• investing in women generates greater returns
    • supporting the spread of international law serves to counter injustice
    • defining terms and coordinating language use builds community
    • creating desire promotes motivation to achieve goals
    • considering others’ welfare enhances personal well-being and safety
    • facing fear enables cooperation at new & different levels

    In other words, as Angela Leaney emphasized, “When the plane is going down, its not time to be a jerk. Put your oxygen mask on and help others.”

    Persisting In Place: A strategy of socioeconomic survival

    Dr Arturo Osorio refines Florida’s popular “creative class” model from its static premises, turning the notion of a creative class from a thing (an aggregation of people who fit required characteristics and are rather singularly motivated) to an on-going, interactive, socially-dynamic “process whose potential emergence may or may not be sustained over time.” Osorio pulled an audience of seventeen on a late fall day to listen to him tell a tale of a town where personal actions and associations coalesced into creative class organizing that generated a range of positive consequences for the community that continues, today, to feed back into organizing and interpersonal/professional community ties.

    Isenberg School of Management

    University of Massachusetts Amherst

    Organizational Strategy

    Creative Community Co-Construction

    Tooling around Nantucket over New Year’s weekend, I was struck by the sense of place evident in the care given to the landscape, not to mention our host’s keen interest in birding – a demonstrably popular island activity. Twin ethics of conservation and continuation, combined with a robust sense of humor, reminded me of the work of Dr Arturo Osorio, whose dissertation defense explored the intersection of economic geography, economic sociology, and strategic management as a town re-creates itself as a community of and for artists, composed of members who utilize local resources to co-construct themselves as a creative class.[1]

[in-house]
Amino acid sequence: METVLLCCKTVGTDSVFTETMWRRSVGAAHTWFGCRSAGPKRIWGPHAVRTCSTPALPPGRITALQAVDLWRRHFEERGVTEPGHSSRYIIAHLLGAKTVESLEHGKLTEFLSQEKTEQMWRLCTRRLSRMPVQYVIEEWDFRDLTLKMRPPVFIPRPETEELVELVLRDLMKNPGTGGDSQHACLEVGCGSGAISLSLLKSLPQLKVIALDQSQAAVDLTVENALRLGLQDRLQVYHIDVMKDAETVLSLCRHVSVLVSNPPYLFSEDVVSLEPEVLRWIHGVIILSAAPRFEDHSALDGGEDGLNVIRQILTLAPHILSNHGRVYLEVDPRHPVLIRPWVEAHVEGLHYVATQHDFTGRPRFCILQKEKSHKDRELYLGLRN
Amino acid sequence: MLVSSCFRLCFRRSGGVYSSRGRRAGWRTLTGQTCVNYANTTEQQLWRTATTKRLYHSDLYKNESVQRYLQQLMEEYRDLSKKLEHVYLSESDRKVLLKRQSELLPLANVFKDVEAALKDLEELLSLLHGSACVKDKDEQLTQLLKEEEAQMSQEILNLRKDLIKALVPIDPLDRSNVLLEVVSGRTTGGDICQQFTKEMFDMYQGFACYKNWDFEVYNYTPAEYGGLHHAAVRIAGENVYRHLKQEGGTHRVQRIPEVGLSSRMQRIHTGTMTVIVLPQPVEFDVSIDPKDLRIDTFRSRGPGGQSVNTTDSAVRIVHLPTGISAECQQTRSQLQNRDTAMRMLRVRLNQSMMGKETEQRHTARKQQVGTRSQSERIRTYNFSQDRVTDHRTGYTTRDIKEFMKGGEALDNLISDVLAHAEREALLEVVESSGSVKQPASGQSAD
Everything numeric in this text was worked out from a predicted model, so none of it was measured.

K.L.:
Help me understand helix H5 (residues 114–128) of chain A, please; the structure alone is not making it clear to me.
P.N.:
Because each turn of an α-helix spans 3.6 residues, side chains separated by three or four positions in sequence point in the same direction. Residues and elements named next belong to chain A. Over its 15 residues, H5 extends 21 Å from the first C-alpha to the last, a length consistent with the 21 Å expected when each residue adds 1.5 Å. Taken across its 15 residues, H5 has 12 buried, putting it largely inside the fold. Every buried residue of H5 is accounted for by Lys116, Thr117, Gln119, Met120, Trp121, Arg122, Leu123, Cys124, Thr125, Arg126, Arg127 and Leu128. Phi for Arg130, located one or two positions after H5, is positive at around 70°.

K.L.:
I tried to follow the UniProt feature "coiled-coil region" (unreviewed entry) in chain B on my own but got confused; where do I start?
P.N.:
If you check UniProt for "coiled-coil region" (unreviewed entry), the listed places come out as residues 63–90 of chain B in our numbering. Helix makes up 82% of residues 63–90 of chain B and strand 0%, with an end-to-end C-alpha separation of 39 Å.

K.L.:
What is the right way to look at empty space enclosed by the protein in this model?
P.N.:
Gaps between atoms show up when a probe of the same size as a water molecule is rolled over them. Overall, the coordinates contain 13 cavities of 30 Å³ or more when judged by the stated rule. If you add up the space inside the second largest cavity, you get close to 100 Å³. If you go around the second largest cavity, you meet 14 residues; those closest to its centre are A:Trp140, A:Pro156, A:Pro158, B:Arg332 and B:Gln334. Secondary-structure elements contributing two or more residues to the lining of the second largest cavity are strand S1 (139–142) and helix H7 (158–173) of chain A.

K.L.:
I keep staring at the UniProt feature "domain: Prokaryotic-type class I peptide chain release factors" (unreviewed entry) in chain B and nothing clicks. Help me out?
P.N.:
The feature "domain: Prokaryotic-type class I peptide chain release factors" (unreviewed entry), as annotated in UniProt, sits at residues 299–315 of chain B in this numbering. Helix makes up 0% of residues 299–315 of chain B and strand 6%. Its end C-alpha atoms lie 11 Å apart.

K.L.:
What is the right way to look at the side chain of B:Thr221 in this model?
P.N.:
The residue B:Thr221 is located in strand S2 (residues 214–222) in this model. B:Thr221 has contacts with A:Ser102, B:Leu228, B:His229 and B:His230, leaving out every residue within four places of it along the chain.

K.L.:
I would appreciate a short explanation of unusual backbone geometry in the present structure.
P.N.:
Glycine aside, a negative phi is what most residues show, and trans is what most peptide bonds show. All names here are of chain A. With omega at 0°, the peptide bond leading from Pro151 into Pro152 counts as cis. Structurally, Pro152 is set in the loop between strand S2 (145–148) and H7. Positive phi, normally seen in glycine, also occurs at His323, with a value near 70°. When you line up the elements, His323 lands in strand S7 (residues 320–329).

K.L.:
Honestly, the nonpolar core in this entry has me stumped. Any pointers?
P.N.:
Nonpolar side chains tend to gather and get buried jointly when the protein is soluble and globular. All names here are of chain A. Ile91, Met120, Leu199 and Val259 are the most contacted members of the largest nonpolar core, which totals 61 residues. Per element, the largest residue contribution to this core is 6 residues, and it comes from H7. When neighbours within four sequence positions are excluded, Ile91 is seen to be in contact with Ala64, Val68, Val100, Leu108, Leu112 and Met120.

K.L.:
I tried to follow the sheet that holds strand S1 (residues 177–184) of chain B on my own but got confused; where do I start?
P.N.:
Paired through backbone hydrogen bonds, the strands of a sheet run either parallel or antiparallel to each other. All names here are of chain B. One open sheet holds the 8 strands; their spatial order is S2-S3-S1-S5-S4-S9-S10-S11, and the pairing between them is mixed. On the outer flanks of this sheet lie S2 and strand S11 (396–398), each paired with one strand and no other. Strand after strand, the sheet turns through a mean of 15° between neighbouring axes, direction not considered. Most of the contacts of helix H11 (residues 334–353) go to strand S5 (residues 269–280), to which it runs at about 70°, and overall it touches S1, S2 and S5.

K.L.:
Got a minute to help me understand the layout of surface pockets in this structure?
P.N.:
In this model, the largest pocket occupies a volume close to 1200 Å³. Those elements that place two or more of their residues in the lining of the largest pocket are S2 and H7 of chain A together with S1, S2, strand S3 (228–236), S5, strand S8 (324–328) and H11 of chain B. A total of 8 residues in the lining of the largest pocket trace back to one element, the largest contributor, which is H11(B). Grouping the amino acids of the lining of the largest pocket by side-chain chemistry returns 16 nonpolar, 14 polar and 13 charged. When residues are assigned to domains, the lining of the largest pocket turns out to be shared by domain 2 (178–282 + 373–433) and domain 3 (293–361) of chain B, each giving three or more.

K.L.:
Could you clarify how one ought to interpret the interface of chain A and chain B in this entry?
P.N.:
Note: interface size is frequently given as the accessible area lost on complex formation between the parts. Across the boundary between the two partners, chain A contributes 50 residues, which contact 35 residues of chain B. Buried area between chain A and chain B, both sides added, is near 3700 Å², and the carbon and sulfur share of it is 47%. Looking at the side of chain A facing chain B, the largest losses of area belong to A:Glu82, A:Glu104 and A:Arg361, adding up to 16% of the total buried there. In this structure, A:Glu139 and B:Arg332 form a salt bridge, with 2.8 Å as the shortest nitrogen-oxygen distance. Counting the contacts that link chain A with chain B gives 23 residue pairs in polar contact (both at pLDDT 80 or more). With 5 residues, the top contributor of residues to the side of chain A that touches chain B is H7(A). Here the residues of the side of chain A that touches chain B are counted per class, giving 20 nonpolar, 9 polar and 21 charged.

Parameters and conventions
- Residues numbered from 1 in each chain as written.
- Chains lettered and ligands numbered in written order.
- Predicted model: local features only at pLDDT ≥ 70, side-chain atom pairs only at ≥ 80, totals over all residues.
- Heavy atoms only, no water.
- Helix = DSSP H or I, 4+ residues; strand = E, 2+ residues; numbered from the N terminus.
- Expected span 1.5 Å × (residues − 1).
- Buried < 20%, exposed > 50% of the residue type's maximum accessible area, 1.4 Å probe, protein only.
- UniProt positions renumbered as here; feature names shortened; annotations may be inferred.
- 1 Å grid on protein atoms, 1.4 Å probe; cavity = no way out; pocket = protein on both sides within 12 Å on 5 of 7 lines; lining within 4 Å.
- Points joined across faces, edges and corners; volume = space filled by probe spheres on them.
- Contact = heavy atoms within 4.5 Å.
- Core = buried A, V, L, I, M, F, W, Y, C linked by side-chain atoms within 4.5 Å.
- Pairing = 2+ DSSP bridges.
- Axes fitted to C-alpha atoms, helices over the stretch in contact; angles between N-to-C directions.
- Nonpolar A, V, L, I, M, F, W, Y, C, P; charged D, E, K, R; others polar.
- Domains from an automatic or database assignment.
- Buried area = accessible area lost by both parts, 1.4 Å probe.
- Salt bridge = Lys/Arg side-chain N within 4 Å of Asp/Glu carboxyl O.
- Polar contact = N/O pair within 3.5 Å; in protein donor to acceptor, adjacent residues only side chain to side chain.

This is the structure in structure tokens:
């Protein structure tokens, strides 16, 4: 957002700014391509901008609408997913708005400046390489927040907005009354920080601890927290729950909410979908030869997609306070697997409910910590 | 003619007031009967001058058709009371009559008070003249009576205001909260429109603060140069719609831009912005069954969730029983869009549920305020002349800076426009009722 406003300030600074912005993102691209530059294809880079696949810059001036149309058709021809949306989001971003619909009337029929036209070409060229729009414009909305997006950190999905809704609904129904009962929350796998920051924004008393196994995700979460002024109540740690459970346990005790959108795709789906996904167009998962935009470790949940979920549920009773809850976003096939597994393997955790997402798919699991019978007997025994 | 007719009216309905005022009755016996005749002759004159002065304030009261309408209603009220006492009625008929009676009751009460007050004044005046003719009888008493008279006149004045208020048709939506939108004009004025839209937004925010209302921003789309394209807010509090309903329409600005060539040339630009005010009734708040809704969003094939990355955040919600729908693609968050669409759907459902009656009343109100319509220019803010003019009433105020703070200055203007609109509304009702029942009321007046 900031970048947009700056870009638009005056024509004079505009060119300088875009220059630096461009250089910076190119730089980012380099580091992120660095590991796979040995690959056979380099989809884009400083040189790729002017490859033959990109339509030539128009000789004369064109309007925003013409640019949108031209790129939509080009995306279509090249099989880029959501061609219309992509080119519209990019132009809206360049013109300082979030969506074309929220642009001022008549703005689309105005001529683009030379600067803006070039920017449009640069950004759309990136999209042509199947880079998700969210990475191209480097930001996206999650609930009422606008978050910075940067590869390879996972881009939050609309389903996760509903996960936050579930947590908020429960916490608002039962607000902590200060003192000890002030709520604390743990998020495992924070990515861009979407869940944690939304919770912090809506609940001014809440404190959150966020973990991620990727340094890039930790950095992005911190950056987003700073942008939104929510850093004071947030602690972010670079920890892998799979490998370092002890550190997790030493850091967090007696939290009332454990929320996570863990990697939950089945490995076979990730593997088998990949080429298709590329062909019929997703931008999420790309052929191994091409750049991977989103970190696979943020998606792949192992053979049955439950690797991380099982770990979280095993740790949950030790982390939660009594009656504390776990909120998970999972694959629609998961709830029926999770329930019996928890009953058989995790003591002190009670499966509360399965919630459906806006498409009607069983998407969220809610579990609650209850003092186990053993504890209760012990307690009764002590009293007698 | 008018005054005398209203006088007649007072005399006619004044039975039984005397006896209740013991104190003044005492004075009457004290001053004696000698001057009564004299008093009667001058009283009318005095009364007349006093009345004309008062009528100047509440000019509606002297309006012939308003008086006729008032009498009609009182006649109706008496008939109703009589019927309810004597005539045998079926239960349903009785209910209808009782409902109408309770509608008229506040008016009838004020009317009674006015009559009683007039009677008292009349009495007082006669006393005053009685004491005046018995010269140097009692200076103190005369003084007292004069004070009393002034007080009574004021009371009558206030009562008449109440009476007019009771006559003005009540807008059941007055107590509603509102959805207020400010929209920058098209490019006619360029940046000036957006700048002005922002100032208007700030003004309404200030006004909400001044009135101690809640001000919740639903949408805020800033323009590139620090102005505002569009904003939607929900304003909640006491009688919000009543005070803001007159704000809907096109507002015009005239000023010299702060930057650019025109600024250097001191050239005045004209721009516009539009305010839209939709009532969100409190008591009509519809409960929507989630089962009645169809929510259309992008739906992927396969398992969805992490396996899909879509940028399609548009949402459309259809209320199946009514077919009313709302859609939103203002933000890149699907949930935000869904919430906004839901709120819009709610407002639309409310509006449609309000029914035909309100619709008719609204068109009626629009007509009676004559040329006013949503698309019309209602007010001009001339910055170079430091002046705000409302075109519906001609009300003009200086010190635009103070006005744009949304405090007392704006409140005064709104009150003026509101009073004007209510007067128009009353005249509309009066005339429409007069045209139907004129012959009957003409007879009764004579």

Finding_ArtLooking at a place (Easthampton, MA) through an integrated analytical lens, Dr Osorio applied a collaborative multi-firm network theory[2] in which relationships are interdependent with the environment (conceived broadly) and the environment (including the embedded and implicit relationships) is inseparable from any given company, firm, or business. This fluid and dynamic model disallows sharp divisions between, for instance, “the company” and “the market,” or “employees” and “residents” and those whose physical residence is beyond town lines but whose livelihood is firmly founded within the community. While organizations are purpose-driven, the core economic transactions are deeply social – interpersonal, cognitive, cultural, and political. All of the activities of a company and the community that hosts it are intricately intertwined.

    Dr Arturo Osorio refines Florida’s popular “creative class” model from its static premises, turning the notion of a creative class from a thing (an aggregation of people who fit required characteristics and are rather singularly motivated) to an on-going, interactive, socially-dynamic “process whose potential emergence may or may not be sustained over time.” Osorio pulled an audience of seventeen on a late fall day to listen to him tell a tale of a town where personal actions and associations coalesced into creative class organizing that generated a range of positive consequences for the community that continues, today, to feed back into organizing and interpersonal/professional community ties.

    Choosing to contribute to a place

    The most interesting point that I found in Dr Arturo Osorio’s dissertation defense was a question his results raised about why people may tend to identify themselves more on the basis of language than of the place where they live. Such as speaking Spanish, for instance, rather than English. The matter came up in relation to limits on extending Dr Osorio’s findings to more urban, mixed areas, although it caused me to wonder about rates of bi- and multilingualism in/around Easthampton.  Language fluency is a separate indicator than skills – Easthampton has above average concentrations of people with skills that are recognized as creative regardless of industry, as well as an above average concentration of people with skills that are used in industries recognized as cultural or creative. I wonder if diversity of language can contribute to creativity? What Dr Osorio studied are the interrelationships of skilled people who consciously grew a creative culture by recognizing and validating the various skills everyone had to contribute, and interweaving them into a strong and vibrant economic community.